Tightening global credit markets have taken a toll on U.S. mortgage-backed securities issued by Fannie Mae and Freddie Mac and it will take more than recent Federal Reserve measures to boost liquidity.

While the central bank's recent move to cut the primary discount rate boosted liquidity in financial markets overall, it may be too late to help the roughly $4.25 trillion agency MBS market.

Issuance in the primary agency MBS market should remain high as borrowers continue to switch out of floating-rate loans and into fixed-rate mortgages. But the secondary market, which is where the bonds trade, has been thrown into disarray in recent weeks.

Month-to-date, the yield spread on the MBS current coupon, the most actively traded issue, has tightened by about 0.04 percentage point to the 10-year Treasury note. But it has widened by about 0.11 percentage point to the five-year Treasury note, according to Arthur Frank, director and head of MBS research at Deutsche Bank Securities in New York.

That is a fairly significant move by most analysts' accounts and comes after a disastrous performance in July, when wider swap spreads and higher interest rate volatility caused the sector to put in one of its worst monthly performances against Treasuries on record.

The market is taking the cut in the discount rate as a signal that the Fed is paying attention and is concerned, but the main impact is primarily psychological, said Alec Crawford, head of MBS strategy at RBS Greenwich Capital in Greenwich, Connecticut.


At roughly $7 trillion in size, which includes the subprime sector, the mortgage bond market is the world's largest, dominated by Fannie Mae and Freddie Mac.

Liquidity in the agency MBS market is not only worse than it was a few months ago, it is worse than it was a just a few weeks ago, said Deutsche's Frank.

Issuance of bonds backed by non-agency debt has come to a virtual halt as investors refuse to buy securities backed by anything whose payments are not guaranteed. But now, triple-A rated MBS issued by Fannie Mae (FNM.N: Quote, Profile, Research) and Freddie Mac

RBS Greenwich Capital's Crawford said there have recently been large differences between quotes on prices to buy and prices to sell agency MBS, indicative of a lack of liquidity.

The bid/ask spreads on mortgage bonds have certainly widened because the Street knows that a $300 million trade today is similar in risk to a billion dollar trade six months ago and that's because there's so much more volatility, he said.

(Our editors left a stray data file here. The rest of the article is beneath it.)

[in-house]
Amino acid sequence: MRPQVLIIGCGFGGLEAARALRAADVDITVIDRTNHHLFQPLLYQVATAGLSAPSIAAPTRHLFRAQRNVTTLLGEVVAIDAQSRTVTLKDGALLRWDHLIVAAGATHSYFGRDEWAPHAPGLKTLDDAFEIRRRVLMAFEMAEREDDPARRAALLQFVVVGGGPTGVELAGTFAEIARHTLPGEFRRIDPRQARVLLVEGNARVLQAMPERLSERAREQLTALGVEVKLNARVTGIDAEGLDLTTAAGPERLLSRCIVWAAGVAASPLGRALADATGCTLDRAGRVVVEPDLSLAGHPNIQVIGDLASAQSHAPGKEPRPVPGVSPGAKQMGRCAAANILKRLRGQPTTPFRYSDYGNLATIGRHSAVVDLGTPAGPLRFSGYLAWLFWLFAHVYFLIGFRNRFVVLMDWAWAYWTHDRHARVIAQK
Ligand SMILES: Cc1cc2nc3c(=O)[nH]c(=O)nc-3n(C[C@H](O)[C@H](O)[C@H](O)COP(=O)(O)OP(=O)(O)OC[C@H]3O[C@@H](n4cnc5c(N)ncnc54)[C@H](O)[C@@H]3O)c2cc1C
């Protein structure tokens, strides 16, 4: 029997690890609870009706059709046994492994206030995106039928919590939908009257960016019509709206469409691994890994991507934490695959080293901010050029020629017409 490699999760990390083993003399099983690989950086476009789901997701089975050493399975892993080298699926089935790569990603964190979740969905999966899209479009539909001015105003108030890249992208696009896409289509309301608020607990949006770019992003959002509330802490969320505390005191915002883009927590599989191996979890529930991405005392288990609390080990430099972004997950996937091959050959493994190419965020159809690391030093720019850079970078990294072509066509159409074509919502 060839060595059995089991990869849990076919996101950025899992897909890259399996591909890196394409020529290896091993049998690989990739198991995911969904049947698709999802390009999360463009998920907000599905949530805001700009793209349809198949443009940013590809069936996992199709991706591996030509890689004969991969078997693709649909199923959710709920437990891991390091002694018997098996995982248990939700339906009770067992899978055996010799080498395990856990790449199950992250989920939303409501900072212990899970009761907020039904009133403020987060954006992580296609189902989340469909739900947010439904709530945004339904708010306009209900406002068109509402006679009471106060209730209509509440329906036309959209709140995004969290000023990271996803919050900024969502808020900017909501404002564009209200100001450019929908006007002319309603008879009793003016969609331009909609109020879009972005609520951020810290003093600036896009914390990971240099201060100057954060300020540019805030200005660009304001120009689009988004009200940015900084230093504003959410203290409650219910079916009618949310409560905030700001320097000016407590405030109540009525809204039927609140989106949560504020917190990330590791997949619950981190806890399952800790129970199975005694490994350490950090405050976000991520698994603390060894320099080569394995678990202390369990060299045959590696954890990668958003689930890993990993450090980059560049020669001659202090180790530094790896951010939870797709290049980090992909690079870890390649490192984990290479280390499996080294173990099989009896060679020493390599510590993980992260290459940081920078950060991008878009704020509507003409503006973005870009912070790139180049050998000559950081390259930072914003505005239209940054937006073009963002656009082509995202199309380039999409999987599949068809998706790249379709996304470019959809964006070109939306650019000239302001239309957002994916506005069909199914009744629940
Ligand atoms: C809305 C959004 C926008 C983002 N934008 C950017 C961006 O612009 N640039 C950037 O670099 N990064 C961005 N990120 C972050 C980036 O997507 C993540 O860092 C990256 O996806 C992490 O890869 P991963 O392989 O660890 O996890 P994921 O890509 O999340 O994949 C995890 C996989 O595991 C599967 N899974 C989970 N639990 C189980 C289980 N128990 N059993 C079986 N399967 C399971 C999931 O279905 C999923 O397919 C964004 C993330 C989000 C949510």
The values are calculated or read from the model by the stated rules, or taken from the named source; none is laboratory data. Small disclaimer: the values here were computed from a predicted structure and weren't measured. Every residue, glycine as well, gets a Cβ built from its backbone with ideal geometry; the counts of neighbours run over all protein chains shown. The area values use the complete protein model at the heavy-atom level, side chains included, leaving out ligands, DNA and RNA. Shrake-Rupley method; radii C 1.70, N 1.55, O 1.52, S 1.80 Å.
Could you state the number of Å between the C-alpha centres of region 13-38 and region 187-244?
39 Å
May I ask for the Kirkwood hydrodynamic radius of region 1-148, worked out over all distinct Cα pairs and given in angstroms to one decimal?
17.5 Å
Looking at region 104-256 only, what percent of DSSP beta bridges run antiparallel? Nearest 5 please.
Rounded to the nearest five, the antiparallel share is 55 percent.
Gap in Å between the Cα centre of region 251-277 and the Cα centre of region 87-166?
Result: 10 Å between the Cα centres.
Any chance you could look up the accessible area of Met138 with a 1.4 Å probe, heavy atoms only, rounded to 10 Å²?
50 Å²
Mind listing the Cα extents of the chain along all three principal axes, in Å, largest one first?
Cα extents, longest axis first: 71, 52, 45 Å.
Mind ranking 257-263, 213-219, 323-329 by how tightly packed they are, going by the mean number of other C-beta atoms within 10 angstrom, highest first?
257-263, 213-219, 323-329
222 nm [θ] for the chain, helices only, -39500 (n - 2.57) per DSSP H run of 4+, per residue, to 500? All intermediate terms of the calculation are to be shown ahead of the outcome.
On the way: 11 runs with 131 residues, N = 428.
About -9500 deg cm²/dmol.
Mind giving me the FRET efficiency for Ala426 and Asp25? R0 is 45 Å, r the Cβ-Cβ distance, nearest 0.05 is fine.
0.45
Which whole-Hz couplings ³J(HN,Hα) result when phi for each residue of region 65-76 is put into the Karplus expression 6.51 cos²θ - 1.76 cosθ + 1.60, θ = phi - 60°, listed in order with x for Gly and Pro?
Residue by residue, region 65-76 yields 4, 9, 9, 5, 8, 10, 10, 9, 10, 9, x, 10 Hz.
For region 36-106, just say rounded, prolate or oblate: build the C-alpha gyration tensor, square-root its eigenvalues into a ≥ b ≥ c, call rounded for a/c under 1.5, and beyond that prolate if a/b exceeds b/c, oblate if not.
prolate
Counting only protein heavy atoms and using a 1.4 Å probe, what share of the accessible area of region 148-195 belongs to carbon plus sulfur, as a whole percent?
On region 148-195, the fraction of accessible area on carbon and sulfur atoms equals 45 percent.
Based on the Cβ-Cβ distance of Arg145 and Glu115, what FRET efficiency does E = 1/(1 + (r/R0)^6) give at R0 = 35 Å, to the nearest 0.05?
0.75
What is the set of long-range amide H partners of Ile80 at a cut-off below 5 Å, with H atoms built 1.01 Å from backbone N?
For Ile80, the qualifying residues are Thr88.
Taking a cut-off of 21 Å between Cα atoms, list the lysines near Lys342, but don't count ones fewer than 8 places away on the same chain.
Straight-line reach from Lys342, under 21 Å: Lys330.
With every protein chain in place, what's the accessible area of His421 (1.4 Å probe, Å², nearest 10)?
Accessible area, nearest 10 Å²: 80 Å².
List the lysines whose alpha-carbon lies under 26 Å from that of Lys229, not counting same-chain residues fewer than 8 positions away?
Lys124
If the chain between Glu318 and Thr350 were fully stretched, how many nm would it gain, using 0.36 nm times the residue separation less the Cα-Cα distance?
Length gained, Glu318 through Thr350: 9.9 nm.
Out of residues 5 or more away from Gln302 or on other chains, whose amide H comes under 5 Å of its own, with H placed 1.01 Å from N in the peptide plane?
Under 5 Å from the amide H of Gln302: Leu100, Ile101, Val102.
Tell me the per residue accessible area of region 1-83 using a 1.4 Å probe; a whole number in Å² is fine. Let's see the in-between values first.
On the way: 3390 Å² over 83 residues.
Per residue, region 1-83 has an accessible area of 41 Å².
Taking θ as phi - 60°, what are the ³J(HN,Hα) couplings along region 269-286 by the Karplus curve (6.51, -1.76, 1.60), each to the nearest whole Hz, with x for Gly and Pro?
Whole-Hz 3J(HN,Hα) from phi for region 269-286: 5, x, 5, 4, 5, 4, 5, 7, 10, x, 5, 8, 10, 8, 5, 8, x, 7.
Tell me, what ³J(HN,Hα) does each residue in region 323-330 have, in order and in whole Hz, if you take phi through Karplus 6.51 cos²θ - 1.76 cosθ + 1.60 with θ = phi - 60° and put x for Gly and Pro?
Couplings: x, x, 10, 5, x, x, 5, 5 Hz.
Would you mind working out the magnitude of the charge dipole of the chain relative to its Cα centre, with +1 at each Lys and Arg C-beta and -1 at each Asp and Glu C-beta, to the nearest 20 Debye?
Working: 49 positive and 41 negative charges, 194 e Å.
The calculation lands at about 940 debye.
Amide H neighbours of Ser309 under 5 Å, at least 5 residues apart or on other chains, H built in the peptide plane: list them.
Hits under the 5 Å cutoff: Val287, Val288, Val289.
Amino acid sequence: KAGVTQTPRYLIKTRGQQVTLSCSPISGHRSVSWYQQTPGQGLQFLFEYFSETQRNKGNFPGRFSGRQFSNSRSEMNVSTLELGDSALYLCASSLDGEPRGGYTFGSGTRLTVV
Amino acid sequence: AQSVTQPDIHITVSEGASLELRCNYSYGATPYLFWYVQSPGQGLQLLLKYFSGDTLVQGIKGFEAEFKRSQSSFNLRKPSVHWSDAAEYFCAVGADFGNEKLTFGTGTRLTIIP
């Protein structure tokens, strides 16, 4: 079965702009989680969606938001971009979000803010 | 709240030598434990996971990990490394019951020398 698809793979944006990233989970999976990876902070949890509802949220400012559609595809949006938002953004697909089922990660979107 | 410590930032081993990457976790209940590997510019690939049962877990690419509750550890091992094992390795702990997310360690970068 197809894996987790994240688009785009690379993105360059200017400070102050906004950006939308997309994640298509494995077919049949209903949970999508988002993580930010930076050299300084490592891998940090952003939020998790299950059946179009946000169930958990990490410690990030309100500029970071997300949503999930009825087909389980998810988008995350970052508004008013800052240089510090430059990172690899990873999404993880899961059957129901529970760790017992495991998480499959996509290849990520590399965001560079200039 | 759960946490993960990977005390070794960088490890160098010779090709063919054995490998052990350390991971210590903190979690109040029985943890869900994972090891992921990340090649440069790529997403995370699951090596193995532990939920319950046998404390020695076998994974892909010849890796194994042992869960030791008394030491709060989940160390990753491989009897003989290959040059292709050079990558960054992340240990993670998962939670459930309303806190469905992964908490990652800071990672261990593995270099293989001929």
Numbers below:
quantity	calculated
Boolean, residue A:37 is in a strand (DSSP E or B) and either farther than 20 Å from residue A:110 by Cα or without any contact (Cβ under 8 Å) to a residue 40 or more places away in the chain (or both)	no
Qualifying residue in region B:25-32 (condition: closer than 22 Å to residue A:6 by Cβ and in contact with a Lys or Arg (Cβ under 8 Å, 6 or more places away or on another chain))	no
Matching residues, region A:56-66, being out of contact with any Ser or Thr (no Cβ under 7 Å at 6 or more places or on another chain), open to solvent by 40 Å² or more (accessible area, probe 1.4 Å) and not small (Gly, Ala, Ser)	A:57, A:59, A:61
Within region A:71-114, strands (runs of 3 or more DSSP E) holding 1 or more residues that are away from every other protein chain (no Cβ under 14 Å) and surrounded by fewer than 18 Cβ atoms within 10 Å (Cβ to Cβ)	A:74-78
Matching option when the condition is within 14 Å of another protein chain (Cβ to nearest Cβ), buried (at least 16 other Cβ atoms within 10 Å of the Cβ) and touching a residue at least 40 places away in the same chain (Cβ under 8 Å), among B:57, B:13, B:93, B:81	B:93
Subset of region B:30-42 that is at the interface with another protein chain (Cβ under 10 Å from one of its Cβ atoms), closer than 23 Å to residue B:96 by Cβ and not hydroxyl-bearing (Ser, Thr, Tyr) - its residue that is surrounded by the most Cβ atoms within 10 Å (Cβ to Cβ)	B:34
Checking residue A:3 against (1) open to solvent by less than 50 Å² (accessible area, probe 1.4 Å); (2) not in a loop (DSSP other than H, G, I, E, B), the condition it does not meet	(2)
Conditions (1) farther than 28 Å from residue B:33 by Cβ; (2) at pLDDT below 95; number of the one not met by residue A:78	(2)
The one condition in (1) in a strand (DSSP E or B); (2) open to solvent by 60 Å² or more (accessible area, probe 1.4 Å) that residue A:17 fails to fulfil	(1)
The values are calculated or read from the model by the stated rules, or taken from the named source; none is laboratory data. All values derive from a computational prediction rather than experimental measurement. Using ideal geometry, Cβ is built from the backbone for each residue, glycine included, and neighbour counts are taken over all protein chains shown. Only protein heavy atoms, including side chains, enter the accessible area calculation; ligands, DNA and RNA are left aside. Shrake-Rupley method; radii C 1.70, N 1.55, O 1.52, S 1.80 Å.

When the Fed last Friday slashed the discount rate by half a percentage point, it also encouraged Wall Street banks to increase their borrowing. For the first time since volatility began to hit markets, the Fed also acknowledged that deteriorating credit conditions could slow economic growth.

Central banks worldwide have injected billions of dollars into financial systems as liquidity fears have swept through markets in widening fallout from the U.S. subprime mortgage crisis.

Eventually there will be some opportunities in mortgage bonds, but we're not in a position to jump in right now, said Daniela Mardarovici, principal and portfolio manager at Harris Investment Management, Inc, an autonomous subsidiary of Bank of Montreal, based in Chicago.

Mardarovici, who helps manage roughly $1.5 billion in MBS, is waiting for the market to settle down. When it does, she anticipates buying opportunities.

For now, we are staying neutral on the sector, she said.


Supply has weighed heavily on the MBS market for most of 2007 as borrowers shifted from adjustable-rate mortgages into fixed-rate loans. The recent weakness in non-agency mortgages relative to agency mortgages should add to supply pressures in agency MBS as originators shift more supply into this relatively more expensive market.

Liquidity in the MBS market will probably not ease going forward because $400 billion of agency and non-agency ARMs are resetting in each of the next three years, according to Matthew Jozoff, head of mortgage research at JPMorgan in New York.

With many of these being subprime borrowers, there will be a number of borrowers looking to refinance in a period of tighter lending standards and impaired liquidity, his team said in recent research.

Legislation, however, may buoy agency MBS.

On Tuesday, U.S. Senate Banking Committee Chairman Christopher Dodd said he asked the Bush administration to lift the portfolio caps on Fannie Mae and Freddie Mac, but Treasury Secretary Henry Paulson expressed reluctance to do so.

A lifting of the portfolio caps would be good for agency MBS since they would be buying more and providing a bid to the market that could cause spreads to tighten, Deutsche's Frank said.

History may yet repeat itself.

In the first half of October 1998, Fannie Mae and Freddie Mac came to the rescue of the mortgage bond market, buying a massive amount of agency MBS, which ultimately stemmed the market's dramatic cheapening.

In late 1998, the Fed made three rapid-fire rate cuts in the wake of the Russian financial crisis and the collapse of Long-Term Capital Management, one of the biggest financial crisis of the past 100 years.